February 20th, 2016
What keeps musicians in sync, harmoniously playing musical notes — with instruments from the strings, woodwinds, brass, and percussion sections — to the audience’s delight?
Hint: they must want to delight the audience!
First, musicians need a well-crafted score, one they believe in. Second, they require a conductor who knows and enforces this score. Third, they must be skilled in faithfully reading, following, and reproducing said score.
Otherwise, the audience will experience chaos and cacophony, vow never to return, and dissuade their friends from buying tickets.
Think of your enterprise as an orchestra. You, the CEO, are the conductor. Your employees, from different departments (sections), are the musicians. Critically, the musical score is your brand, which every employee must faithfully read, follow, and reproduce.
Disclaimer: If you don’t care about maximizing revenues, profits, and customer satisfaction, dismiss branding and disregard the previous paragraph.
In “End Your Entroprise,” I warned you about the pitfalls of running a chaotic enterprise. To customers, investors, and reporters, the entroprise is transparently not on the same page or following the same score. It has the sound of a terrible orchestra. You can’t hide it.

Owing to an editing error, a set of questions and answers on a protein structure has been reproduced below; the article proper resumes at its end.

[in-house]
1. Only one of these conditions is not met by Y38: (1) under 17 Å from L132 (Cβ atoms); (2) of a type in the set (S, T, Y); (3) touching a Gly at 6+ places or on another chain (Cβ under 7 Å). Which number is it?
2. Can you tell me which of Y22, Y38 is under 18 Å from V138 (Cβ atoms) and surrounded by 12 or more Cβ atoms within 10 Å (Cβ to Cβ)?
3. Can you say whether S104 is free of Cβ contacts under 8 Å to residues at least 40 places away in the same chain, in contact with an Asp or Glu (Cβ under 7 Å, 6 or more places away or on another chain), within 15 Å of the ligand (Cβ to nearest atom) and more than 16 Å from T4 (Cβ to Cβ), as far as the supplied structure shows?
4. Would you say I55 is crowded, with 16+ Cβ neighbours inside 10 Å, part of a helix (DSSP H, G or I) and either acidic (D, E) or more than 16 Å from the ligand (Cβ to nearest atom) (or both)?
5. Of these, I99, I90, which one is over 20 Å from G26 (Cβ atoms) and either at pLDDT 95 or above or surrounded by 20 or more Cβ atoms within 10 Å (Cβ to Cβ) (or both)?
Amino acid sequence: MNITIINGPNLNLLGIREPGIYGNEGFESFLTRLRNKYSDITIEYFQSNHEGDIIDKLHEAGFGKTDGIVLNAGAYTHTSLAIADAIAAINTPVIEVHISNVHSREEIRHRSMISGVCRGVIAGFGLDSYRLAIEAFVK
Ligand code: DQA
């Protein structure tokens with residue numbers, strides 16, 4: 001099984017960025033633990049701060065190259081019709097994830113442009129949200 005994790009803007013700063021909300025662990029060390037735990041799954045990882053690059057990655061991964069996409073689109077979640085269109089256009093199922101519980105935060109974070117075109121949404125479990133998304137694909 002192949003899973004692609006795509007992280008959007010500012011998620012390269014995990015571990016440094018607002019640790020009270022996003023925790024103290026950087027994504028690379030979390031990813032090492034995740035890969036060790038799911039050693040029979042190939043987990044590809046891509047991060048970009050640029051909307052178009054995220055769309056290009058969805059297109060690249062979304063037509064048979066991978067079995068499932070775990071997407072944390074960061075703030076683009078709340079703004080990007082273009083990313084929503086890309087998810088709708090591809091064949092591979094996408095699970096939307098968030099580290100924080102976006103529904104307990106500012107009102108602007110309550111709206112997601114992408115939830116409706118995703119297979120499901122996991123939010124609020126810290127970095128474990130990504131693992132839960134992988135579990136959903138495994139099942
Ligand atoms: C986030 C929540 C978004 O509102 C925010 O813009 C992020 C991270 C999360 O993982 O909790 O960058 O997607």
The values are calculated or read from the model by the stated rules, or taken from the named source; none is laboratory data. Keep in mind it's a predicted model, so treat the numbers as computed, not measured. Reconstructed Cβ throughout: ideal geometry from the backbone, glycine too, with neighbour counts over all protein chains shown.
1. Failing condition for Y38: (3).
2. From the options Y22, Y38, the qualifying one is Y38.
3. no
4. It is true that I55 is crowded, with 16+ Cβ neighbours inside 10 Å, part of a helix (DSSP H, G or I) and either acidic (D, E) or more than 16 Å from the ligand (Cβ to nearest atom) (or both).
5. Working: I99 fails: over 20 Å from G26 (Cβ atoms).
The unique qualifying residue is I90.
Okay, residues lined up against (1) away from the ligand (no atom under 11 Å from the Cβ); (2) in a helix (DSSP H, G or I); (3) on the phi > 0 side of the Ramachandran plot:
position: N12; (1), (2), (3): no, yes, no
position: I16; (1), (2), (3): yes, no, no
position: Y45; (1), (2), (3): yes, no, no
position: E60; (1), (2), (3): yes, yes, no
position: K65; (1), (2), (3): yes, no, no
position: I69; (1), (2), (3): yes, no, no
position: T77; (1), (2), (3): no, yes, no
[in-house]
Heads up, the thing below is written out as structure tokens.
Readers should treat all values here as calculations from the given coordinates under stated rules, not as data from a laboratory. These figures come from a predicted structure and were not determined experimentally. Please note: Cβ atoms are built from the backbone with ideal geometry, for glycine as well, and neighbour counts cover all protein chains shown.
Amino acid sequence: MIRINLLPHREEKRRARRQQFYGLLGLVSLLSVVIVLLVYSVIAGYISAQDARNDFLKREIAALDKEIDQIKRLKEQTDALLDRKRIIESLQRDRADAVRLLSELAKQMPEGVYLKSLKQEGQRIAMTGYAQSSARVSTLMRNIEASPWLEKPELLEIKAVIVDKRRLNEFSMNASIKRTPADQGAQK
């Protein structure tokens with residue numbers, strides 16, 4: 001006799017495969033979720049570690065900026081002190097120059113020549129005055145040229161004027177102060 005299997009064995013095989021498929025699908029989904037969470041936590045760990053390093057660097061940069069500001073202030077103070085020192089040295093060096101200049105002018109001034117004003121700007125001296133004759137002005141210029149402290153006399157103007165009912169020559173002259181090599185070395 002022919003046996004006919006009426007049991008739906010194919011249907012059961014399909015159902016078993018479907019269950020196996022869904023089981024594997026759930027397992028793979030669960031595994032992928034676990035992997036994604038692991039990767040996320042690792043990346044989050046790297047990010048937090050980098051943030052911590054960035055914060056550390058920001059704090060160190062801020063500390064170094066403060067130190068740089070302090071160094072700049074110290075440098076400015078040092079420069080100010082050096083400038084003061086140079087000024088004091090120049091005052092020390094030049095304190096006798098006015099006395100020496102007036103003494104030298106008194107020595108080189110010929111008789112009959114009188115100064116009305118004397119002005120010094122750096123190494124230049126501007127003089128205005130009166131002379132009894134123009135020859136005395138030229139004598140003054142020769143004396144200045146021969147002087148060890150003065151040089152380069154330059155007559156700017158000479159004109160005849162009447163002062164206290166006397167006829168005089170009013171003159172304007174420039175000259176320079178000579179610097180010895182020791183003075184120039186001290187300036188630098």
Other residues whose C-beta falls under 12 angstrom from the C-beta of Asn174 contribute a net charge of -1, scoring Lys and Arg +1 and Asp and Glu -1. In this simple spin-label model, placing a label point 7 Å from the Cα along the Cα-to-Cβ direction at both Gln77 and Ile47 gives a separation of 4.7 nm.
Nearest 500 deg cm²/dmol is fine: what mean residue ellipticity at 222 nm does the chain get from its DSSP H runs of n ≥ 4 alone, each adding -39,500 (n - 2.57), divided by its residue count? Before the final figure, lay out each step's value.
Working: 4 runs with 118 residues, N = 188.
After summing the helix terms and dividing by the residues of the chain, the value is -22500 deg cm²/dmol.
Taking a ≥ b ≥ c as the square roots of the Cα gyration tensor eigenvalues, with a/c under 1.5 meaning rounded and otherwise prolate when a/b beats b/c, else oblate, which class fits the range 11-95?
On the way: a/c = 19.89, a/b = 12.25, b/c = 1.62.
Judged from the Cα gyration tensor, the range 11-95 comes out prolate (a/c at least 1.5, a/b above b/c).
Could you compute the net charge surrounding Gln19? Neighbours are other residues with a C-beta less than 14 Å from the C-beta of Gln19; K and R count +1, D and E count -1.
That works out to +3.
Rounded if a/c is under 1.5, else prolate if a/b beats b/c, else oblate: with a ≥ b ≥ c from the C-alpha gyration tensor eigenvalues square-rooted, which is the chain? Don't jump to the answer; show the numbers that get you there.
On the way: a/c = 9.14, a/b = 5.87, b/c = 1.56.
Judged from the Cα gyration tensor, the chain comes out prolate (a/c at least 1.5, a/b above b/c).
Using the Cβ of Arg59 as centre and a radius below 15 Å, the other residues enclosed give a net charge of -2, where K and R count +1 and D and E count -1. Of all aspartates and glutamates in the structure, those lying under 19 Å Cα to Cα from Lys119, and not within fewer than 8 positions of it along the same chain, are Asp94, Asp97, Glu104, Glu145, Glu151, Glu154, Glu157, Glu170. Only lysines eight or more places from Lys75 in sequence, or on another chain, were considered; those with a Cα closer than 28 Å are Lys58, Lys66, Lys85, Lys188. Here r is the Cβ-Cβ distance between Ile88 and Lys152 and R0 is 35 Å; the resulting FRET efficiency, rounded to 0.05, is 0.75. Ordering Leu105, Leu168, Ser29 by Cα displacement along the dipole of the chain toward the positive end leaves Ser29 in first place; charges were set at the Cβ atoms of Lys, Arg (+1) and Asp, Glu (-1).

Not one day passes when I don’t deal with a vendor — large or small — whose employees literally have no clue and no concern about what they’re doing or why their company exists.
Newsflash: this is an entroprise, bereft of faithfully followed score, strong conductor, and skilled musicians. It is, unfortunately, the new normal.
Given the current cultural climate, which bashes exceptionalism and excellence, apathy and incompetence reign. Worse, the inimical emphasis on detachment-oriented “social” media, instead of on direct, personal contact with customers, breeds callousness and disdain.
Everyone of us has heard a terrible school orchestra or band. It’s a chilling, ear-plugging experience. Through the video below, you can appreciate what outsiders perceive when dealing with an entroprise — perhaps your entroprise.
Note: Discord doesn’t sell. If you want to increase your company’s costs of sales, capital, and media, emulate this terrible orchestra — as most of your competitors do.
Parting Advice to CEOs
If you believe in exceptionalism and excellence, make branding your #1 priority — and do not relegate it to amateurs.
Know the score, face the music, and force your “musicians” to do likewise. Otherwise, your company will sound — or continue to sound — like that awful school orchestra.
Ignore my advice, and watch your audience plug their ears and buy tickets elsewhere.
About the Author
Marc Rudov is a branding advisor to CEOs,
producer of MarcRudovTV, and author of the book,
Be Unique or Be Ignored: The CEO’s Guide to Branding.
© 2016 Marc H. Rudov. All Rights Reserved.